• Digital marketing does not require much skill or experience. However, for optimized campaigns, skilled copywriters and graphic designers help paid ad consultants create the best results.
  • It’s possible to see results fairly quickly.

Drawbacks of digital marketing

  • There’s a fine line between permission-based tactics and intrusive ones, with many individuals resistant to intrusive variations like pop-up ads, even though they’re often effective.
  • Technological updates and policy changes can render prior iterations ineffective (ad-blocking software, cookieless targeting, and tracking, etc.)
Digital marketing tactics quickly bear fruit when you take a targeted, strategic approach to promoting your brand’s offer to the right audience of prospects. #marketing Click To Tweet

Inbound marketing: Based on user opt-in

Inbound marketing: Based on user opt-in

Inbound marketing comprises those methods and tactics that require the prospect’s permission before landing in their sphere of awareness. As a phrase, it’s used to distinguish permission-based marketing techniques from more advertising efforts.

When trying to understand the different types of marketing, consider how the messaging is received by the intended audience. Outbound marketing demands attention and is intrusive.

Think of brochures hung from your doorknob or tucked under your windshield wipers, for example, or billboards that hug the side of the highway as you drive by. The user didn’t ask for any of those experiences. Rather, the brand pushed the message out to a wide audience.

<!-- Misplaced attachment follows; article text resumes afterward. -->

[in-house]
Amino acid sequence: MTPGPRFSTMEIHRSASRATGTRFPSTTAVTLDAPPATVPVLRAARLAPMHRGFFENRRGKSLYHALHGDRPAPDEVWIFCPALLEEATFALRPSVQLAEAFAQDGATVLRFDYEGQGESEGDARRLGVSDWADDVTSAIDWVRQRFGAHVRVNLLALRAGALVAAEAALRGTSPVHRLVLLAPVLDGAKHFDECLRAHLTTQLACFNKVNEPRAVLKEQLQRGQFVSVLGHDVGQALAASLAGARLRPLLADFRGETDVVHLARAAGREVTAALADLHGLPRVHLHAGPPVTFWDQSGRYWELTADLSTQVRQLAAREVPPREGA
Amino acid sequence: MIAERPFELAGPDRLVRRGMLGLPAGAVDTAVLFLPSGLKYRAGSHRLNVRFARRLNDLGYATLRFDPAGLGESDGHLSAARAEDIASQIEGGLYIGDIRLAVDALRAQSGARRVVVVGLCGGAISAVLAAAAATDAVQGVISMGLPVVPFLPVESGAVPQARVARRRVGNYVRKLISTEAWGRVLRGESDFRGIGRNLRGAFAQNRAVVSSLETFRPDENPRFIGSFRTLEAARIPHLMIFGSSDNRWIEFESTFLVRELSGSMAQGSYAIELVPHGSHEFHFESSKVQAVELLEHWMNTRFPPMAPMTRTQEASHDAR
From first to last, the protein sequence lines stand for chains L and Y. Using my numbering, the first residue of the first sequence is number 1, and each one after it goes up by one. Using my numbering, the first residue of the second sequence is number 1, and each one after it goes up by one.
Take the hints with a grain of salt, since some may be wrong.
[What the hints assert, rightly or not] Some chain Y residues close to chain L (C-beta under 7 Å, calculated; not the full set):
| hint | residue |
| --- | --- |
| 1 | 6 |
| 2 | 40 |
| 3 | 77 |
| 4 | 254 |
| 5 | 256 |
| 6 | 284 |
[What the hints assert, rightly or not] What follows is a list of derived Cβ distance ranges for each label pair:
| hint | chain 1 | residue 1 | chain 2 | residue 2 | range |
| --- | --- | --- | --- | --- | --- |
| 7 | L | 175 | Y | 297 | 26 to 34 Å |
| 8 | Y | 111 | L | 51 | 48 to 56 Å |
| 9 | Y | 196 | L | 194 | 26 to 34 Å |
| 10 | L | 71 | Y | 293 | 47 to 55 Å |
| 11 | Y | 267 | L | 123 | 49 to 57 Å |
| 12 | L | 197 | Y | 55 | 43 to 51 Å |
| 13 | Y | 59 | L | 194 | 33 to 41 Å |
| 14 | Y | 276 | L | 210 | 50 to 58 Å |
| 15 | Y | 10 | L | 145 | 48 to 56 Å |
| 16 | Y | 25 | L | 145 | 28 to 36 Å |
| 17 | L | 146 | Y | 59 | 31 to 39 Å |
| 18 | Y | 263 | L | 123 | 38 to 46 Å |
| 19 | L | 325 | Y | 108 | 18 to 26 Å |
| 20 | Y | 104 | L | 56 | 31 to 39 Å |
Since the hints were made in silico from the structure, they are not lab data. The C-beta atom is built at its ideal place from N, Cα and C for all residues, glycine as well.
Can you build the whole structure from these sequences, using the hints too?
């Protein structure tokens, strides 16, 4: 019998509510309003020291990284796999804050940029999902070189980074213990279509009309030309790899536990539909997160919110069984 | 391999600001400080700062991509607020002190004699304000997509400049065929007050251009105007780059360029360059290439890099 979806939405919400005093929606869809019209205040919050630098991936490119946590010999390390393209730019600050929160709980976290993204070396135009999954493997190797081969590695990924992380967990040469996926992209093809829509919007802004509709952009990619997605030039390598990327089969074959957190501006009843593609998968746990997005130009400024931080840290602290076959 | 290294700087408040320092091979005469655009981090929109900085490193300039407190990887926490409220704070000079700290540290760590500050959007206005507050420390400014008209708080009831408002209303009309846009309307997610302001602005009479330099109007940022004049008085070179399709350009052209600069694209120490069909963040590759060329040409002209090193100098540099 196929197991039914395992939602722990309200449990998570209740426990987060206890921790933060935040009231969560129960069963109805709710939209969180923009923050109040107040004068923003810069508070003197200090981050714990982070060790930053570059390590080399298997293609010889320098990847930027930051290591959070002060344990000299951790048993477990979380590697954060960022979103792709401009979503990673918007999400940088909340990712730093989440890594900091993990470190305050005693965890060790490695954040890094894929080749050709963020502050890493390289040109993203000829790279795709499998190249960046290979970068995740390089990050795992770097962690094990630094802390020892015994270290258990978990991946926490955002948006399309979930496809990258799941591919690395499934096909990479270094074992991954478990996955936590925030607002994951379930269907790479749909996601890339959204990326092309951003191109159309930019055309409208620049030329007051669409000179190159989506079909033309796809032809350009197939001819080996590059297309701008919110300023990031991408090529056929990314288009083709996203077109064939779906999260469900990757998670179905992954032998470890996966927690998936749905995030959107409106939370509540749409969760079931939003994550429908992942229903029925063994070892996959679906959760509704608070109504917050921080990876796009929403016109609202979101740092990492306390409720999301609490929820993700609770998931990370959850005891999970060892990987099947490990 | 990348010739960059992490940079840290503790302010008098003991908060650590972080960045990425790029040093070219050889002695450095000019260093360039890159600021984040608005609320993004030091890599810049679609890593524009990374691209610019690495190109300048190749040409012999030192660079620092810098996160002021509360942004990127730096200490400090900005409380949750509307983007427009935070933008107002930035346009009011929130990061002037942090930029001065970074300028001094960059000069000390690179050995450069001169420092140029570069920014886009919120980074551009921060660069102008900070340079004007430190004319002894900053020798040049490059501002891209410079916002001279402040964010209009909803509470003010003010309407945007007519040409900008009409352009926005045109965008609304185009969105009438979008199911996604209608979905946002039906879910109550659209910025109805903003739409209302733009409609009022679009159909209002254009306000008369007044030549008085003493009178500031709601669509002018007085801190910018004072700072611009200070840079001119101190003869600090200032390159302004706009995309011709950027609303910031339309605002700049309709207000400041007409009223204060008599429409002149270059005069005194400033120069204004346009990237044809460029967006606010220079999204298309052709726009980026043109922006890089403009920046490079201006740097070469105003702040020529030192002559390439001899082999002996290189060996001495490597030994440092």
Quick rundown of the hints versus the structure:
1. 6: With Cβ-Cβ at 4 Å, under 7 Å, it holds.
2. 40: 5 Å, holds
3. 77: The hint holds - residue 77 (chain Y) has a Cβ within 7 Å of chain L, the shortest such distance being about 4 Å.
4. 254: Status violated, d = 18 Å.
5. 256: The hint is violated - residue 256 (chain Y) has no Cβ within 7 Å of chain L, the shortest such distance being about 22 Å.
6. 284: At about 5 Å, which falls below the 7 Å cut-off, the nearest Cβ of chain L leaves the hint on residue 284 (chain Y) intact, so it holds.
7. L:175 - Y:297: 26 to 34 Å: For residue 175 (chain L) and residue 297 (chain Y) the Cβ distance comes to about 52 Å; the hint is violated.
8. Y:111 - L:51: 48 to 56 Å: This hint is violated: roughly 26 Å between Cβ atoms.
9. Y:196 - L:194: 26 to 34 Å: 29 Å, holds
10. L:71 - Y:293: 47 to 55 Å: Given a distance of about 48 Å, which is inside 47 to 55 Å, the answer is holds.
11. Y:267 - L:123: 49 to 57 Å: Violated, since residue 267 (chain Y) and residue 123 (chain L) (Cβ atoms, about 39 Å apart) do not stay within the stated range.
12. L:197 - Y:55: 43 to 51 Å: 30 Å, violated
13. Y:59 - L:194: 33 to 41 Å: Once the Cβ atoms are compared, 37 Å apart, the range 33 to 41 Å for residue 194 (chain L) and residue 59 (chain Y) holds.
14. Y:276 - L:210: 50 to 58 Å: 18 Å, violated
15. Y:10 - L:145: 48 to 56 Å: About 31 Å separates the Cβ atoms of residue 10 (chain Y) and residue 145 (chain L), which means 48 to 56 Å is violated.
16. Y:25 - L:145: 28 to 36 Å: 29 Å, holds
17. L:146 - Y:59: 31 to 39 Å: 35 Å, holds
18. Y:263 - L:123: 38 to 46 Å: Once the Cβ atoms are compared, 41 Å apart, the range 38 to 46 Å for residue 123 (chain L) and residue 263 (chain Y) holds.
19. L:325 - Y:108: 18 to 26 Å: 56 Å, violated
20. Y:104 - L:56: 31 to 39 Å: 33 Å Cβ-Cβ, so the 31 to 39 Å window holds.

By contrast, inbound marketing is inviting and non-intrusive. It puts the user in control by opting in to receive content from your brand.

Advantages of inbound marketing

  • Inviting
  • Puts the power in the hands of the user
  • Results in more qualified leads and more efficient campaigns

Drawbacks of inbound marketing

  • Requires more thought and customization
  • Segmentation is key but adds technical complexity
  • Outbound is simpler and easier

What’s the right choice for your brand?

The short answer is that most brands can benefit from all three types of marketing, plus a few outbound methods — they’re not necessarily a bad thing, and they definitely can be effective.

Take radio, for example. Loud, catchy radio ads may feel at first like an intrusive bit of outbound marketing. But, as many people who enjoy radio will tell you, they know they’re getting the music, sports, news, or another programming for free. Ads are just an accepted part of the experience, and almost become a form of inbound marketing. That’s because people give their permission to receive the ads just by listening.

Overall, when properly implemented, the combination of digital marketing with content marketing tactics is greater than the sum of those valuable parts. When you frame that approach with an inbound strategy, you appeal to a varied assortment of user personas. Round out that plan with a few targeted outbound techniques, and you’ll make the biggest, deepest impact possible on your prospects.

To make the biggest possible marketing splash and reach as many qualified leads as possible, use an integrated strategy of #ContentMarketing + #DigitalMarketing with an #InboundMarketing approach. Click To Tweet

Put all three types of marketing to work for you

Now that we have a fuller understanding of how these three types of marketing differ, as well as what they share in common, we can begin to sketch out how they work together in support of a single brand.